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DNA damage is a common hazard that all cells have to combat. Saccharomyces cerevisiae HMO2 is a high mobility group protein (HMGB) that is a component of the chromatin-remodeling complex INO80, which is involved in double strand break (DSB) repair. We show here using DNA end-joining and exonuclease protection assays that HMO2 binds preferentially to DNA ends. While HMO2 binds DNA with both blunt and cohesive ends, the sequence of a single stranded overhang significantly affects binding, supporting the conclusion that HMO2 recognizes features at DNA ends. Analysis of the effect of duplex length on the ability of HMO2 to protect DNA from exonucleolytic cleavage suggests that more than one HMO2 must assemble at each DNA end. HMO2 binds supercoiled DNA with higher affinity than linear DNA and has a preference for DNA with lesions such as pairs of tandem mismatches; however, comparison of DNA constructs of increasing length suggests that HMO2 may not bind stably as a monomer to distorted DNA. The remarkable ability of HMO2 to protect DNA from exonucleolytic cleavage, combined with reports that HMO2 arrives early at DNA DSBs, suggests that HMO2 may play a role in DSB repair beyond INO80 recruitment. © The Author(s) 2009. Published by Oxford University Press.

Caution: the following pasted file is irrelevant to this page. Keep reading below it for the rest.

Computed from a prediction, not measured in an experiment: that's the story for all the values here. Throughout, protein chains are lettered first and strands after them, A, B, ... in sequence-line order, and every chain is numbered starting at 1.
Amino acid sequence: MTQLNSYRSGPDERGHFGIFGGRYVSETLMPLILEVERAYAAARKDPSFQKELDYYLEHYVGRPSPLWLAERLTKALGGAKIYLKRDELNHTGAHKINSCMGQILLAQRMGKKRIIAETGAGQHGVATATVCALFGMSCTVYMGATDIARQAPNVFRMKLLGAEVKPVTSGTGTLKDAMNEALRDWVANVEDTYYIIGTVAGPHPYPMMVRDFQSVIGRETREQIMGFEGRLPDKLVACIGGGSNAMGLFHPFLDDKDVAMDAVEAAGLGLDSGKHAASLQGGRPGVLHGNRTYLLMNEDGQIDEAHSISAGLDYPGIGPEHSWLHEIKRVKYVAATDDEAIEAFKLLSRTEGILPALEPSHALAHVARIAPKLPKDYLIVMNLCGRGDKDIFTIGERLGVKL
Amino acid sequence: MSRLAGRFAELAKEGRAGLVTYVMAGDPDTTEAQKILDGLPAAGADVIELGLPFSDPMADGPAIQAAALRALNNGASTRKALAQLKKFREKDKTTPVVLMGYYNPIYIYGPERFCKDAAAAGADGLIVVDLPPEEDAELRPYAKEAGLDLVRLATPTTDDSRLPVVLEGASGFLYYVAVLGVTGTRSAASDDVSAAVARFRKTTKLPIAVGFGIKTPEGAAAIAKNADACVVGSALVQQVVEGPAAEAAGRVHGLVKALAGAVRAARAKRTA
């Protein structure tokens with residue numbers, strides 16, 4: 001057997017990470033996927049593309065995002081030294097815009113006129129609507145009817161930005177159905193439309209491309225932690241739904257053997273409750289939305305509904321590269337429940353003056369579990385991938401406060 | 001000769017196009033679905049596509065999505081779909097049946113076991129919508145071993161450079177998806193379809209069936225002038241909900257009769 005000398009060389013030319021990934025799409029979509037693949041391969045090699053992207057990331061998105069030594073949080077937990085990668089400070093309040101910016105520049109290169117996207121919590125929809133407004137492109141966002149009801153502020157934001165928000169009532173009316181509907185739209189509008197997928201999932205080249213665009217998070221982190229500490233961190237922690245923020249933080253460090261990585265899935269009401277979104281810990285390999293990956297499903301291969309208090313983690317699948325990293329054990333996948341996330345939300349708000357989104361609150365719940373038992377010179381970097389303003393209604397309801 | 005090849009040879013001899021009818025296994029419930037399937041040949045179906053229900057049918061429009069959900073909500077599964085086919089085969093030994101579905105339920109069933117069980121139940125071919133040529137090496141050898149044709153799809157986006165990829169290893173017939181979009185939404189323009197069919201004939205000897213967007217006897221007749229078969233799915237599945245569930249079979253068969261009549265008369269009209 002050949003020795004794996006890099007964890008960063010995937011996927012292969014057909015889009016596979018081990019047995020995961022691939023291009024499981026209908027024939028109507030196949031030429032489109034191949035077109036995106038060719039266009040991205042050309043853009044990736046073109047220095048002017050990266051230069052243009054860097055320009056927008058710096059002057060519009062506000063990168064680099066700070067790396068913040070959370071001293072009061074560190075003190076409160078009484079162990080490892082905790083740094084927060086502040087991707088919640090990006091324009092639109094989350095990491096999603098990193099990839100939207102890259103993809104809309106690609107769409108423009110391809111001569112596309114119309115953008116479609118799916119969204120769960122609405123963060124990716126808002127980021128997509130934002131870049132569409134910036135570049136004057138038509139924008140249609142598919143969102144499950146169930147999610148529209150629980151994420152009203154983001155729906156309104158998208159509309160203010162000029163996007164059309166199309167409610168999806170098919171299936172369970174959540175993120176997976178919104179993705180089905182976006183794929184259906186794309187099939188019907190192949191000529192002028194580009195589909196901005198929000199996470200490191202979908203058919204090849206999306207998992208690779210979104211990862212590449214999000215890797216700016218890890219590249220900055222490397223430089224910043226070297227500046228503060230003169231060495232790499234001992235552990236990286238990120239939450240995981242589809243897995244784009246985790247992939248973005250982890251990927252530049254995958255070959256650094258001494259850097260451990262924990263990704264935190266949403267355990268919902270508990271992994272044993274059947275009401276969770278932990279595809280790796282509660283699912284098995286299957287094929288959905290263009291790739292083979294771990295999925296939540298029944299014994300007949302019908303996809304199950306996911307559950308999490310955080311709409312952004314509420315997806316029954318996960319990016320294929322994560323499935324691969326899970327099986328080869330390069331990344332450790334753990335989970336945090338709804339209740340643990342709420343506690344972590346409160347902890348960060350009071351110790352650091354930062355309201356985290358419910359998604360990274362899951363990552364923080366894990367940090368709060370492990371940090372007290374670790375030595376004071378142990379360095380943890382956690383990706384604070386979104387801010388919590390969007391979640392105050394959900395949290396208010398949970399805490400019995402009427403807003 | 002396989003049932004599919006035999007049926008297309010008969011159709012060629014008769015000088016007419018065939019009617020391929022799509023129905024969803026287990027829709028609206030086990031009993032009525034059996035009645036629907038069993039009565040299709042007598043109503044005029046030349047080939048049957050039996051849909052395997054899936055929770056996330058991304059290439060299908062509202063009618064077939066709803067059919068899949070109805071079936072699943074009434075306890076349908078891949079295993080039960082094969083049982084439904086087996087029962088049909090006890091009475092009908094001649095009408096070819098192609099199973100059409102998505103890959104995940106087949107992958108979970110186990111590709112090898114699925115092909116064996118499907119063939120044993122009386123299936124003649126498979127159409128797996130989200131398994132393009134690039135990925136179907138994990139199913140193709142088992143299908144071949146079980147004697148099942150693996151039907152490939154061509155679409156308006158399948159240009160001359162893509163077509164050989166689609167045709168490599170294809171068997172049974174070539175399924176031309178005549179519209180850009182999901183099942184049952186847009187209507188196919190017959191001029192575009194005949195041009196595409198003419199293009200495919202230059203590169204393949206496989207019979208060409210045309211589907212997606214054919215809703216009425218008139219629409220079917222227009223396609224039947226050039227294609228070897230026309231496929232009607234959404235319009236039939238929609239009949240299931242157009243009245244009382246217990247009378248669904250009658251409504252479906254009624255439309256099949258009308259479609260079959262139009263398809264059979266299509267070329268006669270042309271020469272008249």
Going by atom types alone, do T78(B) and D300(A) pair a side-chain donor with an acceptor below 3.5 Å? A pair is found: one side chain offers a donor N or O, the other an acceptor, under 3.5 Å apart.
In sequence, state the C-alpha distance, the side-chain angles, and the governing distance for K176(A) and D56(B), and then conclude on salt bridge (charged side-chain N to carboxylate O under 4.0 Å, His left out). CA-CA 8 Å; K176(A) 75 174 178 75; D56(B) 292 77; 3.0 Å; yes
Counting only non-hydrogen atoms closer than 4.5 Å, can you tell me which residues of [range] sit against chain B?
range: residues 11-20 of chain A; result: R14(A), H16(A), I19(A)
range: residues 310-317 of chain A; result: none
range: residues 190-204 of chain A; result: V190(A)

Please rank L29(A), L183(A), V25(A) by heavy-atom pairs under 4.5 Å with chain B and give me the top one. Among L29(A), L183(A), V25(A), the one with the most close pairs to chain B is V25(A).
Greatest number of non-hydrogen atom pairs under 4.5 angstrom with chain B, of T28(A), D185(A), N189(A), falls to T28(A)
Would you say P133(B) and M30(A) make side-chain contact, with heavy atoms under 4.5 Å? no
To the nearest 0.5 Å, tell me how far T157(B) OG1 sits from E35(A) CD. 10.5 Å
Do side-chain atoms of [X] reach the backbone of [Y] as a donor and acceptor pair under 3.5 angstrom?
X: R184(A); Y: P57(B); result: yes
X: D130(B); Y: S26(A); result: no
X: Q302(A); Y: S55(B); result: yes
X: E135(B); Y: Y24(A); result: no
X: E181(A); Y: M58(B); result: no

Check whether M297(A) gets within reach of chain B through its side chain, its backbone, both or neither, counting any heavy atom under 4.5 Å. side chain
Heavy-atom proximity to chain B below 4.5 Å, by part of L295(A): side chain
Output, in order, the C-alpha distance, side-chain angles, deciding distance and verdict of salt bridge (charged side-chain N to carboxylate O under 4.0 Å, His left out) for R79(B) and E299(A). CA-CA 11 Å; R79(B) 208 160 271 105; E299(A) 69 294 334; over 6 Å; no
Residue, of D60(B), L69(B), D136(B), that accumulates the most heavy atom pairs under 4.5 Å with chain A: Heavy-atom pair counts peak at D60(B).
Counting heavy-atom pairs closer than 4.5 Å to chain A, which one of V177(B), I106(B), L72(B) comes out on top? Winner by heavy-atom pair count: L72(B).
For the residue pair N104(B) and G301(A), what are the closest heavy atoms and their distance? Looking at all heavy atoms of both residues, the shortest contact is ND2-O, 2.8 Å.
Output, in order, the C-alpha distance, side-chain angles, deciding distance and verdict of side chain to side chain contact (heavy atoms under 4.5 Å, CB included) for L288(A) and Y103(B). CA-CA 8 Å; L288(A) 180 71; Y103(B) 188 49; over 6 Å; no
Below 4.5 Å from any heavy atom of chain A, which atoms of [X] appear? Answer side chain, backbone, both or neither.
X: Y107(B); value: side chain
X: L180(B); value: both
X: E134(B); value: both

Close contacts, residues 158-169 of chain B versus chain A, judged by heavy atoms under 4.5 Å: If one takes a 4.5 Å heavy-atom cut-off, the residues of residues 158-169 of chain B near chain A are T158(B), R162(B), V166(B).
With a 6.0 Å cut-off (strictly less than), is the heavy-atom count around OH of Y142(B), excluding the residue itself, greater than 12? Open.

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Nucleic Acids Research

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